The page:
Groundbreaking insights into the origins of the human mind have been garnered through the study of eye movements in preverbal subjects who are unable to explain their thought processes. Developmental research has largely relied on in-lab testing with trained experimenters. This constraint provides a narrow window into infant cognition and impedes large-scale data collection in families from diverse socioeconomic, geographic, and cultural backgrounds. Here we introduce a new open-source methodology for automatically analyzing infant eye-tracking data collected on personal devices in the home. Using algorithms from computer vision, machine learning, and ecological psychology, we develop an online webcam-linked eye tracker (OWLET) that provides robust estimation of infants’ point of gaze from smartphone and webcam recordings of infant assessments in the home. We validate OWLET in a large sample of 7-month-old infants (N = 127) tested remotely, using an established visual attention task. We show that this new method reliably estimates infants’ point-of-gaze across a variety of contexts, including testing on both computers and mobile devices, and exhibits excellent external validity with parental-report measures of attention. Our platform fills a significant gap in current tools available for rapid online data collection and large-scale assessments of cognitive processes in infants. Remote assessment addresses the need for greater diversity and accessibility in human studies and may support the ecological validity of behavioral experiments. This constitutes a critical and timely advance in a core domain of developmental research and in psychological science more broadly.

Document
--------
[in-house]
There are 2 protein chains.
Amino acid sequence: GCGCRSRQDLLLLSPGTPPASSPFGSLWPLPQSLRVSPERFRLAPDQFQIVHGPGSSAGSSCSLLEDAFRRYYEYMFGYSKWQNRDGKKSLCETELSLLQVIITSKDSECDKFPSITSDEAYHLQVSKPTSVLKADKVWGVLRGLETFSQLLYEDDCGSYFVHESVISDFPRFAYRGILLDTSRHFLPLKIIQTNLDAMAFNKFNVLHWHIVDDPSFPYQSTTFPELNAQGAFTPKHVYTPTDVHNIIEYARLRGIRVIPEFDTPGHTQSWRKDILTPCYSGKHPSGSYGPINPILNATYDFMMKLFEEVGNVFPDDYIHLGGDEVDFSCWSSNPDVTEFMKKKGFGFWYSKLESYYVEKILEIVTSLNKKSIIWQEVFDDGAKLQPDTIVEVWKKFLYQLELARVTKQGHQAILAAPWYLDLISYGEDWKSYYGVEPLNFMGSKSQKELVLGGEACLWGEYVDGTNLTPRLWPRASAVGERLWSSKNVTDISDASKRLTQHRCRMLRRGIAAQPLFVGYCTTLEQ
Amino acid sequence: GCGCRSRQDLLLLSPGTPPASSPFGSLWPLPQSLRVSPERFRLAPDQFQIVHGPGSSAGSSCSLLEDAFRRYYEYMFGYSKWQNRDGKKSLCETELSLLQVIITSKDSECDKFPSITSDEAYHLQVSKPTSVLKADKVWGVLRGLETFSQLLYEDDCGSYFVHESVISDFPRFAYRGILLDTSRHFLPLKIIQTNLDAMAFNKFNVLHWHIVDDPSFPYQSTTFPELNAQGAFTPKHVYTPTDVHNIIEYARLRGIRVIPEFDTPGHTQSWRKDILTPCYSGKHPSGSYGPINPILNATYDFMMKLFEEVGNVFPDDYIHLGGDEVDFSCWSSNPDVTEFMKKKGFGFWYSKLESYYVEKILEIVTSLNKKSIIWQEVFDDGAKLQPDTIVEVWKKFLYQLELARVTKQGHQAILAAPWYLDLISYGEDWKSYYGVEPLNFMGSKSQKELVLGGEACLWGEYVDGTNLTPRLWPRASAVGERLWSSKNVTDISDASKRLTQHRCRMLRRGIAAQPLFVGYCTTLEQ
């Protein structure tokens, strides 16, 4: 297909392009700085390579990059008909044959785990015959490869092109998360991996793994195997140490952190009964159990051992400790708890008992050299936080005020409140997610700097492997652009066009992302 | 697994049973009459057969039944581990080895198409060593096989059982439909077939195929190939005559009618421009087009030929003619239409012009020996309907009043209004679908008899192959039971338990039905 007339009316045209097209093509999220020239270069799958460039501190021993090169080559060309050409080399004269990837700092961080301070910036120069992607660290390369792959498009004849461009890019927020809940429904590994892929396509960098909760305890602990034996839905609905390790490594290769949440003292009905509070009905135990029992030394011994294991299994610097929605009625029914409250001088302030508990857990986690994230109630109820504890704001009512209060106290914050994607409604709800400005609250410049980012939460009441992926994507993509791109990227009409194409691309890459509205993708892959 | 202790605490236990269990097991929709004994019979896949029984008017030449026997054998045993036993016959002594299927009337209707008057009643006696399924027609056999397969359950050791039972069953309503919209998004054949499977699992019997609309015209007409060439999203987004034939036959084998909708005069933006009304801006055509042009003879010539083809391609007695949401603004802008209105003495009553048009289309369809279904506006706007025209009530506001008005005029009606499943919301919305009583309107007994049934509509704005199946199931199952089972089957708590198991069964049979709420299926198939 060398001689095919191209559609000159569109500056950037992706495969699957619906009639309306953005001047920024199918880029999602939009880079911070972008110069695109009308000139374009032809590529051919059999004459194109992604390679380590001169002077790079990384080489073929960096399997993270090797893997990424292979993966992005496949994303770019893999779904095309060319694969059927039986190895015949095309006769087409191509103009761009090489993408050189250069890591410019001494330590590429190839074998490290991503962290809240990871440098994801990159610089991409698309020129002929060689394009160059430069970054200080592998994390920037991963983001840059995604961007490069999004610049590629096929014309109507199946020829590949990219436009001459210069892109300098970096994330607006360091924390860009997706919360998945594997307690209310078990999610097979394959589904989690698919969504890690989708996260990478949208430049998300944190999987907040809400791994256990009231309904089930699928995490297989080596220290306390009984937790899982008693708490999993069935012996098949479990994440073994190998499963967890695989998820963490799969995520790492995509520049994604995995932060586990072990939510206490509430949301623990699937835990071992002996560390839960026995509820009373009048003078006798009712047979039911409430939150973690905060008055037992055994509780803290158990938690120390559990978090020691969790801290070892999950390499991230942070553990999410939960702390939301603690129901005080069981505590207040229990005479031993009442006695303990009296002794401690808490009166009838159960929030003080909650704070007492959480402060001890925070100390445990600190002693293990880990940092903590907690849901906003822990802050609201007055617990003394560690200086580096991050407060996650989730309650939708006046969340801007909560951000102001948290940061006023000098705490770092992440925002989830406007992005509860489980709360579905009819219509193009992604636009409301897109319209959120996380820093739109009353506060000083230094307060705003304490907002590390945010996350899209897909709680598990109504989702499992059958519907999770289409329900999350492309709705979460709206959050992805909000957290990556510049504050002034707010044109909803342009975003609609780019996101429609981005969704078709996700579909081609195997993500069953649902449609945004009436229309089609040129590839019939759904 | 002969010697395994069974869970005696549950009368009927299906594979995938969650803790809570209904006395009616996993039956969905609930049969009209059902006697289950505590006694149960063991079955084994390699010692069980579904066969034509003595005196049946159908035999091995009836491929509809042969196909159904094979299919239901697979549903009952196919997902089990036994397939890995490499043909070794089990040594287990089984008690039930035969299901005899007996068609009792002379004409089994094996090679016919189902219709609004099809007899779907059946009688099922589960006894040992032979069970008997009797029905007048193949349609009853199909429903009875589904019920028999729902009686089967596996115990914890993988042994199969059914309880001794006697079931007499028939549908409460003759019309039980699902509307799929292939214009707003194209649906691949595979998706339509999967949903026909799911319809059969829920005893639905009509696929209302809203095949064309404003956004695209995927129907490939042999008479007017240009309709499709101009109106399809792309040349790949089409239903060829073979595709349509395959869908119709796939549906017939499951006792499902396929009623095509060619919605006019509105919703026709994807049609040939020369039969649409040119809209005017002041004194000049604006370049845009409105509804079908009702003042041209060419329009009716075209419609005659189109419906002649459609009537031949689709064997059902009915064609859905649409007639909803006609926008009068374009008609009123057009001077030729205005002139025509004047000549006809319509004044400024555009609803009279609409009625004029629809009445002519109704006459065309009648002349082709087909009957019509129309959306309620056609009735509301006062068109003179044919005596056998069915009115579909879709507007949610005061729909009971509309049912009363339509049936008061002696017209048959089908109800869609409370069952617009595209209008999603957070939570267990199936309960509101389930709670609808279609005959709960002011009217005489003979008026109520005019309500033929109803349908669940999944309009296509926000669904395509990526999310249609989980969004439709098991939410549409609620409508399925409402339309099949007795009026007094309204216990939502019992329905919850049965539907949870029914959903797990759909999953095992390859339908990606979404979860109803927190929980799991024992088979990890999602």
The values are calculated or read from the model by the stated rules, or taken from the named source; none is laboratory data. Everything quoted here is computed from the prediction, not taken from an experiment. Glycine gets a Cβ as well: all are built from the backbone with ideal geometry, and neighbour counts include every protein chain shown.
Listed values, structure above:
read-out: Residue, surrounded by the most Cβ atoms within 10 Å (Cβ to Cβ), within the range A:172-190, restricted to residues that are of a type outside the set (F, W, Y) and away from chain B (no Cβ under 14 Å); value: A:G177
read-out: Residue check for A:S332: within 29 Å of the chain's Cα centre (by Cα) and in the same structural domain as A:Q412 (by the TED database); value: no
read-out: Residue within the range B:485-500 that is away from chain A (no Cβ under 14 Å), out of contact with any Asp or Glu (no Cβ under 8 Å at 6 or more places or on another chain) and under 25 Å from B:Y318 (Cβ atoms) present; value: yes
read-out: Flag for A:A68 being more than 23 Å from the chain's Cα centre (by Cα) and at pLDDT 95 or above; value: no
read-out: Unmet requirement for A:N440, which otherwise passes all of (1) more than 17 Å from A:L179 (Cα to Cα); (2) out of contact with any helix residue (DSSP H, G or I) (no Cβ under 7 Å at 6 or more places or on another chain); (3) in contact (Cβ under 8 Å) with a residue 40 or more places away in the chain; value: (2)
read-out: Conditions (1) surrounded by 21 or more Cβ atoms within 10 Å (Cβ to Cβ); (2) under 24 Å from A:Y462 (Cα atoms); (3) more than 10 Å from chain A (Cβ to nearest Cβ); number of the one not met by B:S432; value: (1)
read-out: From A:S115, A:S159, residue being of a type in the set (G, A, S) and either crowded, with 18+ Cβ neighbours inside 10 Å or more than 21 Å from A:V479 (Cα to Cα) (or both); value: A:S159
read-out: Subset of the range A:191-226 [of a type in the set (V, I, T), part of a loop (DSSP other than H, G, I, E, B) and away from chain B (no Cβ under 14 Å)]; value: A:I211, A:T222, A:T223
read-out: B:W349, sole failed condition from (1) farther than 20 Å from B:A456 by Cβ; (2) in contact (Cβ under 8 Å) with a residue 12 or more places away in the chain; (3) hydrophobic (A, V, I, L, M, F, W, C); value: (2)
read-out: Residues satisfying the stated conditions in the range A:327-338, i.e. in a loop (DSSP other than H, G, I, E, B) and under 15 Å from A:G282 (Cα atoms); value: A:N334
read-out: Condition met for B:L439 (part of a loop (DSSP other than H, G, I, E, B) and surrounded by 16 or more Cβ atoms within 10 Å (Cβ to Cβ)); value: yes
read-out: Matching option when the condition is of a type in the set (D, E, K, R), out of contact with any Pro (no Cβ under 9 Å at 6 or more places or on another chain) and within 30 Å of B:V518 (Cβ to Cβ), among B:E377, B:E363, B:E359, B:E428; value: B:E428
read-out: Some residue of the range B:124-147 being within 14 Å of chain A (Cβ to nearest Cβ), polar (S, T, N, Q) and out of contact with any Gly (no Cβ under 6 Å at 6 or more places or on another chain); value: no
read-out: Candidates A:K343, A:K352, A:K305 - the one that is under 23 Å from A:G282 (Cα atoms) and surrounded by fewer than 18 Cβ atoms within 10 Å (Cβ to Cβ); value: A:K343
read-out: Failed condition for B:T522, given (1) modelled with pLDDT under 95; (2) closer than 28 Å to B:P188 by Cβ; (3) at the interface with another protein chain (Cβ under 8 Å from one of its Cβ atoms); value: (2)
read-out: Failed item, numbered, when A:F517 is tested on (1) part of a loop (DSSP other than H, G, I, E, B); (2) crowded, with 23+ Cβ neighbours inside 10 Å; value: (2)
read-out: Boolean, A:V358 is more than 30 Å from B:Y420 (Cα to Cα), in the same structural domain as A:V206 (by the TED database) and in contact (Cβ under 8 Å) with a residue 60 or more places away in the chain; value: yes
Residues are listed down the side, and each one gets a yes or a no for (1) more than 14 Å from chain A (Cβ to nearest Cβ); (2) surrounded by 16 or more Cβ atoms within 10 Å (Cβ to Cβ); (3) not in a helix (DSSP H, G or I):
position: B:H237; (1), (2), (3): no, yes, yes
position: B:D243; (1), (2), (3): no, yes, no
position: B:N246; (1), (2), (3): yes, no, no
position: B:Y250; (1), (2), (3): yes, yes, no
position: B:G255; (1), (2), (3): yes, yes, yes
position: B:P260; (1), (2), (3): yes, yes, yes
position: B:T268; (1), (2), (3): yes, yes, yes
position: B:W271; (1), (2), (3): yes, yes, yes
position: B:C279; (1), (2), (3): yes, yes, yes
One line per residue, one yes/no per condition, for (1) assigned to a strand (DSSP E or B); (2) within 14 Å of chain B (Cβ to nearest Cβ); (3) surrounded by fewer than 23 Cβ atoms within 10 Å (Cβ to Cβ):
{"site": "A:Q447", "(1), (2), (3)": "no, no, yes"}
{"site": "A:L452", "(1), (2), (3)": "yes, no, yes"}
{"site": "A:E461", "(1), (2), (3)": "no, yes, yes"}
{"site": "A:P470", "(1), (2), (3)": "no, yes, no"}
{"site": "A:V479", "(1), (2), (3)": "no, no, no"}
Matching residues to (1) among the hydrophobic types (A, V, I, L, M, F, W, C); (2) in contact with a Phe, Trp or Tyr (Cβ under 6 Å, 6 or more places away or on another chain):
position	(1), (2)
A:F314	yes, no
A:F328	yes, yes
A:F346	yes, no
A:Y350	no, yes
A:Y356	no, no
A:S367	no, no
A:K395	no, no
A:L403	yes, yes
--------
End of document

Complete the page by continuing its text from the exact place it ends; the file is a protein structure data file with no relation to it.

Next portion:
- Online studies
- Webcam eye tracking
ASJC Scopus subject areas
- Experimental and Cognitive Psychology
- Developmental and Educational Psychology
- Arts and Humanities (miscellaneous)
- Psychology (miscellaneous)